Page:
It looks like Google could be working on a way to change how system updates are delivered to Android phones. While users have long had to head into the Settings app to check for system updates, code discovered by 9to5Google suggests that Google could soon deliver updates to Android phones through the Google Play store.
If Google ends up making the change to how Android updates are pushed, it would likely look similar to how updates are currently delivered — just in Google Play instead. The code notes that there’s a download button, an interface highlighting that the update is “Installing” and a message saying “All good! Update complete” when the update has finished installing.
The concept of delivering updates through an app store isn’t totally new. That’s how Apple delivers updates to Mac computers, and it’s a pretty user-friendly experience. It’s likely Google is hoping that changing how updates are delivered to Android phones will make for a more user-friendly update experience on Android.
In general, Google is working to make updating Android phones a painless process, and for good reason. Not only do you get new features with newer updates, but getting the latest updates also ensures that you’re up to date on security patches — which will make it hard for others to maliciously access your data or hack your device.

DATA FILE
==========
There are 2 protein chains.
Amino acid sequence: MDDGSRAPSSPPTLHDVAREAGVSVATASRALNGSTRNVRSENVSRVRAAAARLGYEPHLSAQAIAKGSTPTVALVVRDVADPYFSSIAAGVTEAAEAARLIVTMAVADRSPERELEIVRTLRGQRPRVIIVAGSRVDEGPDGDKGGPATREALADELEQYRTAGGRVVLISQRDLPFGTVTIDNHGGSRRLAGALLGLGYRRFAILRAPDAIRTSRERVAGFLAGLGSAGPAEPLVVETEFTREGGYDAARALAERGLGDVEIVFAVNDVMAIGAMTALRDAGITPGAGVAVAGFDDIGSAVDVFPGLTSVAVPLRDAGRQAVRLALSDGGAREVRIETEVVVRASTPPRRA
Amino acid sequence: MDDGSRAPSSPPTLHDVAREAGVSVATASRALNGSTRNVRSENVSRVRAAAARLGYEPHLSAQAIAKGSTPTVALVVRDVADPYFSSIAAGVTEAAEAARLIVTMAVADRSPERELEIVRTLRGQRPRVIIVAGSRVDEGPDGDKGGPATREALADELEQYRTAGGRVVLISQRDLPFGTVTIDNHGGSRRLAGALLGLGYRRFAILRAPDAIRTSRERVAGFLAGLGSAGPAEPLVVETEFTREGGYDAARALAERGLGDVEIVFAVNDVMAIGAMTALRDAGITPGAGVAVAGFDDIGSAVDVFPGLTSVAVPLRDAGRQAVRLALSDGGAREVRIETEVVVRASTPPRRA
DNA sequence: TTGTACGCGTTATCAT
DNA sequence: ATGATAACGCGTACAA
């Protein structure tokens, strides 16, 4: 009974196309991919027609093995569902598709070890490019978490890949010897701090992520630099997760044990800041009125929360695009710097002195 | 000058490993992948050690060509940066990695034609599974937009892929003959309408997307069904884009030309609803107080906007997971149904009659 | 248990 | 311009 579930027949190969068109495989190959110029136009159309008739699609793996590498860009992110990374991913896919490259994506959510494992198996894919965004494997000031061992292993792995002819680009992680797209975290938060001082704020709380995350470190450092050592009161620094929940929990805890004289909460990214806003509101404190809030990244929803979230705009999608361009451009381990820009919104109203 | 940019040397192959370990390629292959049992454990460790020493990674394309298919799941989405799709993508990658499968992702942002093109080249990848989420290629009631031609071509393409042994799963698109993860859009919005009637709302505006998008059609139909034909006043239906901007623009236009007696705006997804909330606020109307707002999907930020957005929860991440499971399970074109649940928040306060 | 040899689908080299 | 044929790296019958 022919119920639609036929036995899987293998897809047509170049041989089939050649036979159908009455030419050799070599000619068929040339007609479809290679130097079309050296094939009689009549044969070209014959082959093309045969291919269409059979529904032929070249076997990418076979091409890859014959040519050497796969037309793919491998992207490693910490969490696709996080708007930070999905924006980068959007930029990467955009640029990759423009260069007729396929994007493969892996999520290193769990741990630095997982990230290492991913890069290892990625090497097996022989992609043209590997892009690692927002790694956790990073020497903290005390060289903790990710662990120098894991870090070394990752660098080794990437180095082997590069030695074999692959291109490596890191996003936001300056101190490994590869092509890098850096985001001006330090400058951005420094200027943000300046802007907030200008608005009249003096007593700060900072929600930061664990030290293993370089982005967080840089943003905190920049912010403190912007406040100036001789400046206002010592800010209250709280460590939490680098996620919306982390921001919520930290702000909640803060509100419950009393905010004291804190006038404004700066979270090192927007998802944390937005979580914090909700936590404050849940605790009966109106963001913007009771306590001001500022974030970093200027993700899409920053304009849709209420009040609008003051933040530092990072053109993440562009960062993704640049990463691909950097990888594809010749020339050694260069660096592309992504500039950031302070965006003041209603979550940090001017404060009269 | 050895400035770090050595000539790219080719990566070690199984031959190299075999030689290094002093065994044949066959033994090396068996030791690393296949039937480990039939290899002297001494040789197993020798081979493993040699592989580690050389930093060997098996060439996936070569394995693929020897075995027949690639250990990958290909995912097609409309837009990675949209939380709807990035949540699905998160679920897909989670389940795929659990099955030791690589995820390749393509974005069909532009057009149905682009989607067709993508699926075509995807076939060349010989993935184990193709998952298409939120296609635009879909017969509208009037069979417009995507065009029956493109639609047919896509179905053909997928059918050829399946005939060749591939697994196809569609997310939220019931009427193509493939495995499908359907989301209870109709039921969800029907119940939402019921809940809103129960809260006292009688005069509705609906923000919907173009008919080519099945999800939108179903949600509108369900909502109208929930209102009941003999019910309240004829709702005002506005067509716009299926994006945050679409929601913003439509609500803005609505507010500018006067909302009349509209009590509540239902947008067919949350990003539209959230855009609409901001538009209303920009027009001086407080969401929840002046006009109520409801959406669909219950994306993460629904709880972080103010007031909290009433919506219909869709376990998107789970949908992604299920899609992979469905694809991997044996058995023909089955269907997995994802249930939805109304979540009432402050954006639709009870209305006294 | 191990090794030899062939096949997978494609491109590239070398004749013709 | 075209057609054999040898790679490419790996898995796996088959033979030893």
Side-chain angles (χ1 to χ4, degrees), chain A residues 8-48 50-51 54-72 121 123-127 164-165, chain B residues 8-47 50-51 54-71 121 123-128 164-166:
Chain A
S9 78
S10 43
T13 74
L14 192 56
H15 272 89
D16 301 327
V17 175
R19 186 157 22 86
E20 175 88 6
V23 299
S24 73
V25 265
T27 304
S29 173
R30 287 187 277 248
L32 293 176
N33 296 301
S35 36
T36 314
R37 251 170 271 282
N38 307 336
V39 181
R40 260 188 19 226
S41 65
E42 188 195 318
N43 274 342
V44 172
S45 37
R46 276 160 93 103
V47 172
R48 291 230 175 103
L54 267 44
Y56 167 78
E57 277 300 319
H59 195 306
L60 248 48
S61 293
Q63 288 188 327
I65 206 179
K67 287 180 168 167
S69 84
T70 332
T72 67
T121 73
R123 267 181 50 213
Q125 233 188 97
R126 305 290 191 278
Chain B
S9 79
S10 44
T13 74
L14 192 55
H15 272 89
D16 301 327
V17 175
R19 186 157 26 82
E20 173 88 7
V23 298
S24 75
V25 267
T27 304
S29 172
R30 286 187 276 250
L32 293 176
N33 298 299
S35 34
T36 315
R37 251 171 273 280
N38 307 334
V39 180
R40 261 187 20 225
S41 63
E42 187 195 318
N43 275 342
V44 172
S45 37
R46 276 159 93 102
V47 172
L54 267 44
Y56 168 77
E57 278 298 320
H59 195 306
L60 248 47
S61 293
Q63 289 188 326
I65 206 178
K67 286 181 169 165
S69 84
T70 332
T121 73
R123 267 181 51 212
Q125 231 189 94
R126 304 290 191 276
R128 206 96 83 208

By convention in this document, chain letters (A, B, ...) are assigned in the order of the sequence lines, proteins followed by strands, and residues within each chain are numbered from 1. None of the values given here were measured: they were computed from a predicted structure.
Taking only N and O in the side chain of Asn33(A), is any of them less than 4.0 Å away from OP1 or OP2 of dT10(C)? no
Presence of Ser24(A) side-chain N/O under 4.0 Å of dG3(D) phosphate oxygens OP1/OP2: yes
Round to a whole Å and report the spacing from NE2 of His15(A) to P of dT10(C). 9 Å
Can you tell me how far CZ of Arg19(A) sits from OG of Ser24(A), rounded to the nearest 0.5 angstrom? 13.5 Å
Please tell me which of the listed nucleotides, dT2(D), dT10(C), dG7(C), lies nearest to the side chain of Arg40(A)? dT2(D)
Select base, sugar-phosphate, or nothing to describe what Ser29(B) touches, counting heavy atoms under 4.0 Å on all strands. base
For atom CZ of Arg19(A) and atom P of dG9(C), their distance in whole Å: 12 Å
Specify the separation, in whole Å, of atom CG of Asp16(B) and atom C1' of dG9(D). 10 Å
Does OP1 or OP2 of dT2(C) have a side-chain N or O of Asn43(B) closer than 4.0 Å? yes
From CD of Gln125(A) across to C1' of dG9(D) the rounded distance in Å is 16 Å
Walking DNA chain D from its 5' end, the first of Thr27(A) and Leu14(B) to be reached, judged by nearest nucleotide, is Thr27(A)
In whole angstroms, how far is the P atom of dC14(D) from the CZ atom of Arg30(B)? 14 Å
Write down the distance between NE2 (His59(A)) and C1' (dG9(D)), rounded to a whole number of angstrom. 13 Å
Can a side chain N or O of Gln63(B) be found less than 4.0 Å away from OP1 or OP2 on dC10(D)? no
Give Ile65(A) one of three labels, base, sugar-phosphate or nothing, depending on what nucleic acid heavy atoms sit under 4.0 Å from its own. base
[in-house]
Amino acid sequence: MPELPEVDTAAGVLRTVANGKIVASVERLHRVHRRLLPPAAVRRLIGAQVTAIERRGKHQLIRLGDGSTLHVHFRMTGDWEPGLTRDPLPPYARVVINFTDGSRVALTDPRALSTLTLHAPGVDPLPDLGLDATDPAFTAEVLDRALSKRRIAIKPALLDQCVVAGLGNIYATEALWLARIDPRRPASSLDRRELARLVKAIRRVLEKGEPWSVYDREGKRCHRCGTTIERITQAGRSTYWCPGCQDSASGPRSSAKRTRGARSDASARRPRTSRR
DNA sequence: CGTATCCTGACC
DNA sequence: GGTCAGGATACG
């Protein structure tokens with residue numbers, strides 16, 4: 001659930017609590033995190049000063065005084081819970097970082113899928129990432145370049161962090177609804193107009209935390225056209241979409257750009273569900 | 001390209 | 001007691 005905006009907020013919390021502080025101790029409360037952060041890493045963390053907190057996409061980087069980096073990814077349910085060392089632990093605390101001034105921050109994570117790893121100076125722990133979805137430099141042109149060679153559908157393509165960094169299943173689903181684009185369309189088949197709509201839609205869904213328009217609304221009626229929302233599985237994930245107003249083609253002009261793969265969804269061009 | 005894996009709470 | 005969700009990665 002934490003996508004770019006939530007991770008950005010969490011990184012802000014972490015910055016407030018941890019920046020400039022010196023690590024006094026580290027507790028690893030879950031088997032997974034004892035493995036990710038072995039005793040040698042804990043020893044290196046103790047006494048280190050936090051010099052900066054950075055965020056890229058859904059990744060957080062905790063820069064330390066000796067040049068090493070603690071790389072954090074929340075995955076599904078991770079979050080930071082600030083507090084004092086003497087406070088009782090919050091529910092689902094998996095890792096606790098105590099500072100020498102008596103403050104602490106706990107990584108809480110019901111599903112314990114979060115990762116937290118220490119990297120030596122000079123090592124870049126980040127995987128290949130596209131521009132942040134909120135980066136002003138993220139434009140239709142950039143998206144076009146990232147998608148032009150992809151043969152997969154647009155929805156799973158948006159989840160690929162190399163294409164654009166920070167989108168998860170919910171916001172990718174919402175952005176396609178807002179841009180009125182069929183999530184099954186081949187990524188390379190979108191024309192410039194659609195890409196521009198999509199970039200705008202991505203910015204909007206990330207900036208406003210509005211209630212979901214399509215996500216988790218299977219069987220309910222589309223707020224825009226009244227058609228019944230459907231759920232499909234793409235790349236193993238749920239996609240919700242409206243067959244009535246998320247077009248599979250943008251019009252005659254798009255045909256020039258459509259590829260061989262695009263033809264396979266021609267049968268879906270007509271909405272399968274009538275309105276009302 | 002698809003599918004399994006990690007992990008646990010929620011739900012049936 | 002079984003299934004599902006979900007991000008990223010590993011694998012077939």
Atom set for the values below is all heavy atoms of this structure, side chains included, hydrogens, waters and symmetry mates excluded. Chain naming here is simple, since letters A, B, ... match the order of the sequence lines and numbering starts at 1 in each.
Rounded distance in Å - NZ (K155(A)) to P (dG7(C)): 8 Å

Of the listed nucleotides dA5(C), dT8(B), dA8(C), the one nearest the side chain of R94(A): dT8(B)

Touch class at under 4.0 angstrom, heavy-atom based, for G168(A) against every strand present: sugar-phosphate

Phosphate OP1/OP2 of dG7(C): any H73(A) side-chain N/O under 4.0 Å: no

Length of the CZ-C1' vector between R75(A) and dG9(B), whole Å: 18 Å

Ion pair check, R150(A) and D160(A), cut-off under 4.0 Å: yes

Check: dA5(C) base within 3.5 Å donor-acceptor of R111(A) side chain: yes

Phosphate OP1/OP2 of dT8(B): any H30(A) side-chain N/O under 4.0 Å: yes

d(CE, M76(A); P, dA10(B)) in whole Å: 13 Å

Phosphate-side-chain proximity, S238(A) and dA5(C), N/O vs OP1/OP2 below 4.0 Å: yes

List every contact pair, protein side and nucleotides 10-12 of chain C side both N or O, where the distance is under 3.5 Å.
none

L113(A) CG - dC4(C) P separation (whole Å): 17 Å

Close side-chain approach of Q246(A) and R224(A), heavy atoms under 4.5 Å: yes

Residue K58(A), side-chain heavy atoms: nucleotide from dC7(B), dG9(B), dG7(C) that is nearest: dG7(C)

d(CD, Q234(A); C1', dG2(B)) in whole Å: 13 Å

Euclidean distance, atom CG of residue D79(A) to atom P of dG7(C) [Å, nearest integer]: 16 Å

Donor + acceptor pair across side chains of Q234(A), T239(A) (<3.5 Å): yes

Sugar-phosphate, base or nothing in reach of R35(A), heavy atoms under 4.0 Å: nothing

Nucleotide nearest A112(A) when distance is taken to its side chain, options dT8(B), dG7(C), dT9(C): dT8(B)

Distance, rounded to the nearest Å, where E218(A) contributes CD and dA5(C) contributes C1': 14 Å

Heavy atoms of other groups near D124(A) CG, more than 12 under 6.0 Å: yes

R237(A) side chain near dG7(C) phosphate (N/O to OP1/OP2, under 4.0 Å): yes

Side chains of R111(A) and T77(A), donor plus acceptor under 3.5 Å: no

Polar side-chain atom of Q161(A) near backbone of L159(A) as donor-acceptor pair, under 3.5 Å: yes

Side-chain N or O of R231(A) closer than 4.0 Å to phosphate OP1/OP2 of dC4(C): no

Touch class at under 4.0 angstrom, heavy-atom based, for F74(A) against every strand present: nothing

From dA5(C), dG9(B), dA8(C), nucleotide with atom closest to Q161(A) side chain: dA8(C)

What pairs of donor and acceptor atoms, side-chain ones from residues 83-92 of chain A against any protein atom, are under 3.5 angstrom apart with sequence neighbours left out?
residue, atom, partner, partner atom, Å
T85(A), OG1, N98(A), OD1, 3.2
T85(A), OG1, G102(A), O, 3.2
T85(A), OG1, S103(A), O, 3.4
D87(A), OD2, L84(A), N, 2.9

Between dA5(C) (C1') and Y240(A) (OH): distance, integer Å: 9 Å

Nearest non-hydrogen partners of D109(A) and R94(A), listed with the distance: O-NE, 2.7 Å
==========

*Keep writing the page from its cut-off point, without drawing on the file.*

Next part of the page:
Google has also been working on Project Treble, which is aimed at helping Android device manufacturers release Android updates quicker than they’re known to do. Often, manufacturers like Samsung or Huawei wait months to release updates to Android phones — and sometimes they skip updates altogether. That can leave users exposed to malware or hackers through bugs in Android code.
Apart from bringing Android updates to Google Play, Google might also be updating other aspects of Google Play. According to 9to5Google, Google may be bringing its all-white theme to Google Play, as it has done to a range of other apps in the past few months. Along with the all-white theme, Google also tends to give apps dark modes — as more black is better on battery for phones with OLED screens.
Just because code suggests a change is coming, that doesn’t necessarily mean that Google will pull the trigger on the features. Still, given Google’s track record with the white theme and simplifying interfaces over the past few years, we definitely wouldn’t be surprised to see the new features in the near future.
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